Located near the exit of the exhibition, but numbered in Hendeles’s guide as somewhere in the middle, is a tableau in an exquisite custom-made oval vitrine: Marburg Madonna (2007–08). On a travelling salesman’s miniature version of an obstetrician’s examination table, a small, wooden, articulated female manikin is subjected to the glare of a full-scale doctor’s lamp. The first effect of this scene of scrutiny is ominous. Here, as elsewhere, Hendeles’s rich and lucid text becomes part of the exhibition, as she acknowledges her own life and starting points. She was born in a hospital in Marburg, a city that had been a collection point for art looted by Nazis. She and her mother, an Auschwitz survivor, received excellent medical care there. There is understated irony in the fact that the child born at that hospital should now be an artist. Marburg Madonna resonates with other things in the exhibition: the revealed internal organs of anatomical models of a pregnant woman and of a bee, and a tiny medical instructional model of a pelvis and a newborn baby. In the latter case, the baby’s arms, Hendeles notes, are spread out to allow the chest to expand to permit breathing, but, at the same time, the posture is that of crucifixion, in which outspread arms compress the chest and cause asphyxiation. In this constellation of objects and allusions, there is an uneasy mirroring of injury and care, death and birth, of ending overlapping with beginning.

With respect to such overlays and resemblances, there is perhaps another story implicit in “From her wooden sleep…”: E.T.A. Hoffmann’s Der Sandmann (1816), as retold by Sigmund Freud in his essay “The ‘Uncanny.’” In it, a young man’s passion for an automaton is afflicted by a fear going back to the bogeyman of childhood, the “Sandman” who steals the eyes of children who will not go to sleep. The automaton’s glass eyes and fixed stare become a phobic focus. Freud analyses this dread, which goes back to childhood, a time when we treat dolls like living people and “do not distinguish at all sharply between living and lifeless objects.” In Freud’s psychoanalytic telling, the confusion of real person and automaton has to do with the “uncanny,” a state in which false recognitions and doubles crop up again and again, in which the strange seems suddenly familiar and vice versa. That repetitive confusion of the living and the inanimate is also associated with the “death drive,” the human desire to retreat from stimulation to a pre-animate, sensationless condition. In this exhibition, the multitude of staring wooden creatures might acknowledge the repetitions of the uncanny, but that is countered by the exuberance of their proliferation, which points to a human capacity for creating such objects. The enclosed room of the exhibition suggests a childhood world both frightening and consoling, a pocket universe or place “through the looking glass” in which the social and material nature of our everyday world is mirrored, duplicated and inverted. It is a paracosm in which, transmuted into both dead wood and created objects, the capacity for imagination is opened out as much as anxieties of being scrutinized and evaluated are evoked.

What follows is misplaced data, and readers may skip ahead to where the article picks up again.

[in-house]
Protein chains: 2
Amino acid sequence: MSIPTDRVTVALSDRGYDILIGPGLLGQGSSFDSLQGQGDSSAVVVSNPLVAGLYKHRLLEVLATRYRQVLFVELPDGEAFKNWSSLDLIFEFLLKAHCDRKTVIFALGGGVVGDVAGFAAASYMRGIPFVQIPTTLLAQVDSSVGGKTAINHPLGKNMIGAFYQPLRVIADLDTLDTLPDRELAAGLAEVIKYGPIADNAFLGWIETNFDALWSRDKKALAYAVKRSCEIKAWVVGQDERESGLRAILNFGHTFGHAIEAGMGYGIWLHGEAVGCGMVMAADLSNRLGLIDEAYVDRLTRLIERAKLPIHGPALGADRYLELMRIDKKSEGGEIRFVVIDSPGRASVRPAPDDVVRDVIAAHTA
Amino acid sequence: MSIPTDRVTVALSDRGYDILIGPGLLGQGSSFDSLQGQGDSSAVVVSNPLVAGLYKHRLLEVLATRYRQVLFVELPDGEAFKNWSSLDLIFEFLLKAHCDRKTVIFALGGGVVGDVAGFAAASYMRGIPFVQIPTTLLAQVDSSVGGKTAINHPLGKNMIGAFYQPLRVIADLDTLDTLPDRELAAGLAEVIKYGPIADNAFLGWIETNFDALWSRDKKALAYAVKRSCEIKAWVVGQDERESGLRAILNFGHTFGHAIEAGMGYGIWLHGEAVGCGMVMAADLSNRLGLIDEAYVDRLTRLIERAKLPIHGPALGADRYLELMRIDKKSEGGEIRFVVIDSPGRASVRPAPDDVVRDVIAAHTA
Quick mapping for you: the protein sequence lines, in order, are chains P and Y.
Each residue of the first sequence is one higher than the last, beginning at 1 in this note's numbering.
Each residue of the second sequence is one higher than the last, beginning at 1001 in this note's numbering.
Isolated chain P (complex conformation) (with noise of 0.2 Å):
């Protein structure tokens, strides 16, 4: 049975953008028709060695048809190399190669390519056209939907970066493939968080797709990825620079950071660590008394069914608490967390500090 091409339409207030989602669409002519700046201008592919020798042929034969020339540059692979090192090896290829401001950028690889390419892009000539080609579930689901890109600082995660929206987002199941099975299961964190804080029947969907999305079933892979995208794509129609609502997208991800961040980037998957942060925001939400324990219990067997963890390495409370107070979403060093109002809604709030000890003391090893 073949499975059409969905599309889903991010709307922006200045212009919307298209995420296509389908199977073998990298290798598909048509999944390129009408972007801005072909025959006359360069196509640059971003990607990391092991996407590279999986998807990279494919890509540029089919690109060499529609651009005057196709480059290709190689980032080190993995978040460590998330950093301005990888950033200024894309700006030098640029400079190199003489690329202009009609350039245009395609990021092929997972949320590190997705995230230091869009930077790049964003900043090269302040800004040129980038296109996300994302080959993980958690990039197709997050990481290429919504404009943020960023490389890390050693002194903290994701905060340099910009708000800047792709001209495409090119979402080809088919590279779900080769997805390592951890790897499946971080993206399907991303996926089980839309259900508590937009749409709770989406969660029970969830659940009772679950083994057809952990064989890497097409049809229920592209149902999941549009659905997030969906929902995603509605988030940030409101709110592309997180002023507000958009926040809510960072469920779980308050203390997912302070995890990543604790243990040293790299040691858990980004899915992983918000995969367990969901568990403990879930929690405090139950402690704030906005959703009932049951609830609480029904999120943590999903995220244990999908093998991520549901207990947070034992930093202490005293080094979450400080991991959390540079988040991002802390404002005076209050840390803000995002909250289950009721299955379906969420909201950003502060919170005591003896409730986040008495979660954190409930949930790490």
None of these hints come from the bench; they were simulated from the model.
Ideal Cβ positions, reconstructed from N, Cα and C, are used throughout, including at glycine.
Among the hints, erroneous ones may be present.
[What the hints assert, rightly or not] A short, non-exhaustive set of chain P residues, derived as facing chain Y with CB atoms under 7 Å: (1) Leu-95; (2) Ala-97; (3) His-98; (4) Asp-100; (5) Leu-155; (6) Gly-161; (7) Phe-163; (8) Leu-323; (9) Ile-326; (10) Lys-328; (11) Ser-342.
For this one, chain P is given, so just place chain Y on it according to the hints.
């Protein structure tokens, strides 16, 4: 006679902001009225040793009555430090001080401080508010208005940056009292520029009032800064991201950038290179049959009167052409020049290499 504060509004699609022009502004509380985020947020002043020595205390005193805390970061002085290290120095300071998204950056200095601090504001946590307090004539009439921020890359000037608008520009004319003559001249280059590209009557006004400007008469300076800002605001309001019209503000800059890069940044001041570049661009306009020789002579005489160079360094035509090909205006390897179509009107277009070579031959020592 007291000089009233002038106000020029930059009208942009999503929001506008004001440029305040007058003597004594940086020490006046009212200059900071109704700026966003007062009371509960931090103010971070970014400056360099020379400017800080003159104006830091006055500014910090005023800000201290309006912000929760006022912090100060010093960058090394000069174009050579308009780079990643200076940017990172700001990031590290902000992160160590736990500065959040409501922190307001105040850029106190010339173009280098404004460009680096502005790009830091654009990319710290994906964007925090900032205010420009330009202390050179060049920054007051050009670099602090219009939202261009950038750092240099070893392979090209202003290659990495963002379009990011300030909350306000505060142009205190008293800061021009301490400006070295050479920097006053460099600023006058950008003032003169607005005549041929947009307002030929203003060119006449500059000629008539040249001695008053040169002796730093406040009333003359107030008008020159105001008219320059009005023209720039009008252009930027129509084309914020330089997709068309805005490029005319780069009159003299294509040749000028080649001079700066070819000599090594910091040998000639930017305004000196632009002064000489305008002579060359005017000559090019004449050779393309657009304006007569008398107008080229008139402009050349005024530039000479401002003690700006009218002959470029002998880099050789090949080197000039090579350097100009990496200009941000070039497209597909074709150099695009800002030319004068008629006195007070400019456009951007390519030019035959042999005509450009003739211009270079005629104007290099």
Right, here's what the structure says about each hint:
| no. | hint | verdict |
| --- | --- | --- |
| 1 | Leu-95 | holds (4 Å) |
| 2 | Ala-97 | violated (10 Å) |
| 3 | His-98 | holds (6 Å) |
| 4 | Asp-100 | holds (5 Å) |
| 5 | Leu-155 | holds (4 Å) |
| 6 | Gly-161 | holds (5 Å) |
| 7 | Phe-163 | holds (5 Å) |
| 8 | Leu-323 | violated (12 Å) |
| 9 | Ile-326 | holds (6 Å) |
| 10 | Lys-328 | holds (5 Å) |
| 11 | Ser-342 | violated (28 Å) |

Hendeles exhibits this collection as a homage to the act of collecting and role of the collector, who must assemble not only the best or most rare objects, but also the most complete collection of whatever is sought after. Her catalogue entries about individual objects may take into account the significance of their former collectors. This exhibition, she tells us, is a knowing conflation of curating and artmaking. She also refers to her own earlier exhibitions, with their different iterations of objects and working out of ideas. That is, Hendeles acknowledges the constellation of her roles—as curator, collector and artist—and thoughtfully opens the phenomenon to us, inviting our acknowledgment of our own roles.

The exhibition opens many questions of social formation, of inclusion and exclusion, of difference and resemblance, of community and oppression, of the power of surveillance, of conformity and appraisal and of troubled individual and cultural recollections of the past, conceived as a historical childhood. In this world, things are transmuted into wood, but also into light and strong cast shadows, complicated by the glass of mirrors and vitrines that reflect other reflections. This might be understood as an analogy to the disruptions of temporality and linear history by forces of memory and of repressed memories brought to light. Hendeles writes that the figures in vitrines might seem to exist “as if in a bubble of memory from the past.” This bubble is a particular metaphor, suggesting that the rigid vitrine is only provisionally contained or sealed off, liable to drifting, rising and, perhaps like all bubbles, in defiance of any capacity to contain its exhibits, likely to pop in a strangely freeing metamorphosis.

Perturbing questions of what and how we see, and how we are seen, of how we scale ourselves to the dominant model, and of how the dominant model shapes and perhaps warps us, are things that are only partially knowable. But Hendeles opens up ways of looking. Even in a fairground mirror, even where normative proportion dissembles itself, we may be open to the project of self-scrutiny. “From her wooden sleep…” jars our sense of who it is who sees and what it is that is seen. It may be that the “wooden sleep” aligns with the retreat to a pre-animate stilled state. But there is at the same time in Hendeles’s exhibition a powerful inducement to wake up.